• How to Prevent Alzheimer’s Disease

    1 in 9 Americans over the age of 65 have Alzheimer’s disease. That is huge! With odds like that, it’s important to realize it could be you some day. We don’t say that to scare you, but to wake you up so that you can do something about it.

    Yes, you can do something about it! Alzheimer’s isn’t a disease that just creeps around the corner attacking certain victims. It has been shown to be a result of certain lifestyle choices, and that’s the good news, because it means it can be prevented or at least postponed (and in some cases reversed).

    How to Prevent Alzheimer's DiseaseWondering how to prevent Alzheimer’s disease? According to Prevention magazine, “in response to healthy behaviors, the brain can react like an exercised muscle, growing bigger and stronger, at any age.” The latest findings show that you can reduce your risk of developing Alzheimer’s disease by 70-80% by taking preventative measures. That’s incredible and goes to show you how much influence we all have on our own health.

    How to Prevent Alzheimer’s Disease

    Following are some of the best ways to prevent Alzheimer’s disease…

    Stress Reduction

    When we are stressed, the memory center of the brain, known as the hippocampus, shrinks and hinders nerve cell growth, which adds to the risk of developing Alzheimer’s disease. Schedule time to relax, meditate, inspire peace in your life and have fun and laugh, all of which help to reduce stress.

    Mental Stimulation

    Ever hear the saying, “use it or lose it”? That is definitely the case when it comes to your brain. New mothers experience this when they stay home with their newborn. They often notice their brain becomes less sharp and doing things that involve thinking like reading or math becomes more difficult.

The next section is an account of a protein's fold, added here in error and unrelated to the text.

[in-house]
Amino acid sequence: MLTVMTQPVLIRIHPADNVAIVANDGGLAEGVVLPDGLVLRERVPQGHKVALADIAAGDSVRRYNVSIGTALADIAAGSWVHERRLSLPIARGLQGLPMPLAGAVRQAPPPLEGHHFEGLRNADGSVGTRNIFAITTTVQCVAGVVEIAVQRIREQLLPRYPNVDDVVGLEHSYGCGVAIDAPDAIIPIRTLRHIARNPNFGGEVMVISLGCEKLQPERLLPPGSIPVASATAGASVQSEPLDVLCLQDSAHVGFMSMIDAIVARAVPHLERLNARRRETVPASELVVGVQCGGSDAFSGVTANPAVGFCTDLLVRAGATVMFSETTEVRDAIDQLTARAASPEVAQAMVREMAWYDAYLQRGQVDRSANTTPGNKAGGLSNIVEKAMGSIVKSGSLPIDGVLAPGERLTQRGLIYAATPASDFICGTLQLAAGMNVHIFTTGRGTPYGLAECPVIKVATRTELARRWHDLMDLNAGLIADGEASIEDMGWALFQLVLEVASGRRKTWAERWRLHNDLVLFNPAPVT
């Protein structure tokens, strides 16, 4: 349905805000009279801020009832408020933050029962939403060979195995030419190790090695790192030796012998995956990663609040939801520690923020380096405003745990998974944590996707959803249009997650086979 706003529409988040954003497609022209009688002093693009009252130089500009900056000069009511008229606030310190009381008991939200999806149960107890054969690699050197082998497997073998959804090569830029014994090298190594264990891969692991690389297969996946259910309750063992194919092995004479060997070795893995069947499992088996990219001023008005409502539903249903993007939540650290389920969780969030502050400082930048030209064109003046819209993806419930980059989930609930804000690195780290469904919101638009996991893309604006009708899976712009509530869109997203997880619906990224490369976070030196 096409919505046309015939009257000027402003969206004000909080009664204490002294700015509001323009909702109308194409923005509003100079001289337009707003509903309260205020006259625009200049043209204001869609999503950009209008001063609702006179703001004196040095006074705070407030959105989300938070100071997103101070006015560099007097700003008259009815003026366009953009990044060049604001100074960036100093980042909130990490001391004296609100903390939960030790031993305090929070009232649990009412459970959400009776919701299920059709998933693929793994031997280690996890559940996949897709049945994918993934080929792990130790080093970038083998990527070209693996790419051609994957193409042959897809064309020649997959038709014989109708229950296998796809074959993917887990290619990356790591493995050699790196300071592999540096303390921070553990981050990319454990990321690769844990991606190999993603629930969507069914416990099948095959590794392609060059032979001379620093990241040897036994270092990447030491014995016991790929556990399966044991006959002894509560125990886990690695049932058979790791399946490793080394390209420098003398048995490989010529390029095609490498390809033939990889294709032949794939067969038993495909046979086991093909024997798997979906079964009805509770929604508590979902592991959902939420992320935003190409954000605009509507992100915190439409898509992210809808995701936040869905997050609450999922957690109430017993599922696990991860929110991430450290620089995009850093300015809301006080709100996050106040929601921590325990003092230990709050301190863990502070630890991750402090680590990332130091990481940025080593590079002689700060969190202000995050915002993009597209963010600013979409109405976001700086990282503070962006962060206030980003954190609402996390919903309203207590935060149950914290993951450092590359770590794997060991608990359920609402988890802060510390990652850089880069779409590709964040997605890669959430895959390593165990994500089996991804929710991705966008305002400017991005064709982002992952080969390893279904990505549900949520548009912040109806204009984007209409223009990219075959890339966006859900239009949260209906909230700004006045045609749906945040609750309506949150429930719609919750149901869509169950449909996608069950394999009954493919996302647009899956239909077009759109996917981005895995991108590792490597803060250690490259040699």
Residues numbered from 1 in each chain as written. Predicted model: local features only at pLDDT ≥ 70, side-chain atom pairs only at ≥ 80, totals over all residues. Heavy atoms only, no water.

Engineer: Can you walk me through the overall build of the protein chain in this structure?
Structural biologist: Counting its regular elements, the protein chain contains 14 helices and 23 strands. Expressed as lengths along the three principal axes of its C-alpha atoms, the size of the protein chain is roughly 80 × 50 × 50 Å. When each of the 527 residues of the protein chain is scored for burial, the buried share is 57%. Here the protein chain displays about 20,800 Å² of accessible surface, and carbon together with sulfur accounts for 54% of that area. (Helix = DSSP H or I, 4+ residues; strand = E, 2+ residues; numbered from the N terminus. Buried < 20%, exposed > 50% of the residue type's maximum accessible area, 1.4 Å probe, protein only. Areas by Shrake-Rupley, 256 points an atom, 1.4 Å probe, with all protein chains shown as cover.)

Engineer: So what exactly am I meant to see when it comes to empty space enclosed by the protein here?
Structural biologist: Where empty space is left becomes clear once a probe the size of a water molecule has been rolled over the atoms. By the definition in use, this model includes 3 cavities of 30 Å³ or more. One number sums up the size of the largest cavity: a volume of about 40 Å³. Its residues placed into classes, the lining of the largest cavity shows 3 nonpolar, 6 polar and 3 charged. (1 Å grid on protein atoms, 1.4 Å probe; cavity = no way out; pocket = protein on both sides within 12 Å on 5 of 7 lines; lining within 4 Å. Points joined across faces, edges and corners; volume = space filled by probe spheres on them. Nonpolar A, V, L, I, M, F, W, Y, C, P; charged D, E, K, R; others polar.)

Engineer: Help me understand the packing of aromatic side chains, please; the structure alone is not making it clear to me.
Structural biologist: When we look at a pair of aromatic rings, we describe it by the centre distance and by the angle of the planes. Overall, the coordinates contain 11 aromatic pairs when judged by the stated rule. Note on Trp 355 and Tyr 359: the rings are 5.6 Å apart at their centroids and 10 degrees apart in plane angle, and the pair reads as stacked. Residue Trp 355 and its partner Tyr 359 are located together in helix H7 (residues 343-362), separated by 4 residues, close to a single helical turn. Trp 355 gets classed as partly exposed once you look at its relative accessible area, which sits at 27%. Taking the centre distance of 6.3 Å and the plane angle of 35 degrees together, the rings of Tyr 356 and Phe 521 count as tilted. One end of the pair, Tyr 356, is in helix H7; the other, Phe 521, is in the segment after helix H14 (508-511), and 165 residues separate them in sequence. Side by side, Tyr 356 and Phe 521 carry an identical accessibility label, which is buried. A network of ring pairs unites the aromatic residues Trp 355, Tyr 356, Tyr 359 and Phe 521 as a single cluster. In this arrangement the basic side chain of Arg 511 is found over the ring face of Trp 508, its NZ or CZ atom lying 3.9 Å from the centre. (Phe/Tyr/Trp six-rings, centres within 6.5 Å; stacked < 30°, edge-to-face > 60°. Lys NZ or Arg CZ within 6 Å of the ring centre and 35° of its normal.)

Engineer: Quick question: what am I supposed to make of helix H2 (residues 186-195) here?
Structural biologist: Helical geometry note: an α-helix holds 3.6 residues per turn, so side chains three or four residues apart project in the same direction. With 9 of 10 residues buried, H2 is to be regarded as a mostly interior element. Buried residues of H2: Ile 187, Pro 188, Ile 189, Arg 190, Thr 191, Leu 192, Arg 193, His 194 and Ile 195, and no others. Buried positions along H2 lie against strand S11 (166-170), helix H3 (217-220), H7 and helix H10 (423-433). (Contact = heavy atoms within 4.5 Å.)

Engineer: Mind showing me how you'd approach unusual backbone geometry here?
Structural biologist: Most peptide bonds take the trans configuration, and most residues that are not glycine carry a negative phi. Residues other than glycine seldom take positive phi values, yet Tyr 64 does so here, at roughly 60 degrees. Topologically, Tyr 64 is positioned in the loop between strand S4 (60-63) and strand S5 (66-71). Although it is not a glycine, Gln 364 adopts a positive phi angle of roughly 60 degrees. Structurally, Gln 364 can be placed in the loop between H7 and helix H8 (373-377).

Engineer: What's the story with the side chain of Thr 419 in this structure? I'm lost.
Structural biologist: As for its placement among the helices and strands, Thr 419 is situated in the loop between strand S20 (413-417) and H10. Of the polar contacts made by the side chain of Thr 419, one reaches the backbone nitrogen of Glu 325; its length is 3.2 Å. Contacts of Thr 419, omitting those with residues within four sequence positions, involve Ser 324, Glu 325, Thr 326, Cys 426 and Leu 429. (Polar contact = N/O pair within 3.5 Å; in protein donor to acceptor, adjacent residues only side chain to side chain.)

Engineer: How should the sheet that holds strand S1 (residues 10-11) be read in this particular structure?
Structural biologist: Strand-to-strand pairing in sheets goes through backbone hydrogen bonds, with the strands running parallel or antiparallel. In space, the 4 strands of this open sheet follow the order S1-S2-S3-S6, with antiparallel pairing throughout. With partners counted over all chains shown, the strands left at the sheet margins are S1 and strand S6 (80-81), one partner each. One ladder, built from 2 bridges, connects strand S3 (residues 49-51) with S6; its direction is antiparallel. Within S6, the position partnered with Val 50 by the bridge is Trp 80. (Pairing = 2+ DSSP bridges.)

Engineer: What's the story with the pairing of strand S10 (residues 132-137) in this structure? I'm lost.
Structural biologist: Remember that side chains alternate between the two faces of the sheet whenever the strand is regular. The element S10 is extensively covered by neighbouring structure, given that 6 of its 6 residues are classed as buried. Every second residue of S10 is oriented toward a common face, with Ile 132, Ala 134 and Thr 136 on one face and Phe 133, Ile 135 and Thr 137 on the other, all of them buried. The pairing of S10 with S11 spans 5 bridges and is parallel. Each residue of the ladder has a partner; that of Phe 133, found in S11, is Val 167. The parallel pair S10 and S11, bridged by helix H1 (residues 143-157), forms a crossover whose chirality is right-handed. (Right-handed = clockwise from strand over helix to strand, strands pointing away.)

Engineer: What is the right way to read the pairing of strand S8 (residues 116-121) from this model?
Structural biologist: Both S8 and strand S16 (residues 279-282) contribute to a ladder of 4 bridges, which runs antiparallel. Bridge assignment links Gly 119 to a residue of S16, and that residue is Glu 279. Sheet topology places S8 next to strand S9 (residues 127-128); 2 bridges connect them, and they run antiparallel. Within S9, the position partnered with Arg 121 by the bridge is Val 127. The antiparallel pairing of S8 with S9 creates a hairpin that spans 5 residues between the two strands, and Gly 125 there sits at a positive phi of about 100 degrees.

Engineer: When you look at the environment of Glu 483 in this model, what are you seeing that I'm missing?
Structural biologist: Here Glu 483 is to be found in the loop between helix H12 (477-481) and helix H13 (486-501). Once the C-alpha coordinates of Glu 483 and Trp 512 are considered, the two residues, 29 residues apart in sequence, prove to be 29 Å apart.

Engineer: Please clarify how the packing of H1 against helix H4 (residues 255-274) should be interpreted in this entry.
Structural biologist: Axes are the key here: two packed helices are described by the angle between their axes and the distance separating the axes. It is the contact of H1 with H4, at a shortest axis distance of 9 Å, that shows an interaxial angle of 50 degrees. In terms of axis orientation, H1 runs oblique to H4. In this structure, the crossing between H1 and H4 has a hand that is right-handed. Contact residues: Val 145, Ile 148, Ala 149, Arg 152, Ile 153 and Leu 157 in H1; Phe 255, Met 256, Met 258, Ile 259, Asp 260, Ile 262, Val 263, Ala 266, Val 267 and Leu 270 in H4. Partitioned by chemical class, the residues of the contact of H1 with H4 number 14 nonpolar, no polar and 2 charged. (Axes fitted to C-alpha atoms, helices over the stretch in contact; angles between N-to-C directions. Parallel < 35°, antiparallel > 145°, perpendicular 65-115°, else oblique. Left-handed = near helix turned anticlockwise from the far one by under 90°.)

You can do your own brain exercises to strengthen and grow your brain. Try memorizing things, learning a new skill, studying a subject, and playing brain games and puzzles to stimulate your brain. Varying your daily habits and socialization also help to keep your mind sharp.

    Diet

    Nutrition plays a huge role in brain health. Eating things like vital oils, smart proteins, antioxidants, and slowly absorbed glucose, along with cutting down on toxic foods like artificial sweeteners and additives can help. Learn more about how to increase focus and brain power through nutrition here.

    In addition, inflammation and insulin resistance is often a result of Alzheimer’s disease, therefore eating foods that help reduce inflammation and balance insulin levels (and avoiding foods that do the opposite) is beneficial for preventing or reducing Alzheimer’s symptoms. Stay away from trans fats, hydrogenated oils, polyunsaturated oils, refined carbohydrates, high-gluten foods, processed foods and excess sugar, and eat more vegetables, fruits, herbs, omega-3’s and probiotics.

    Exercise

    Exercise helps boost the brain-derived neurotrophic factor (BDNF), which is a protein that nurtures brain function. It also stimulates the brain, helps us make connections and retain memories, and reduces the cortisol in the body, a stress hormone that hinders brain function. It is important to get daily activity that increases your heart rate, as well as strength training exercises and balancing movements. If you have a sedentary job, this is especially important.

    According to the Alzheimer’s Research & Prevention Foundation, the risk of developing Alzheimer’s disease can be reduced by up to 50% as a result of regular physical activity. Exercise also has the power to slow down the progression of the disease in people who are already experiencing symptoms. Click here to learn how to boost brain power with a workout.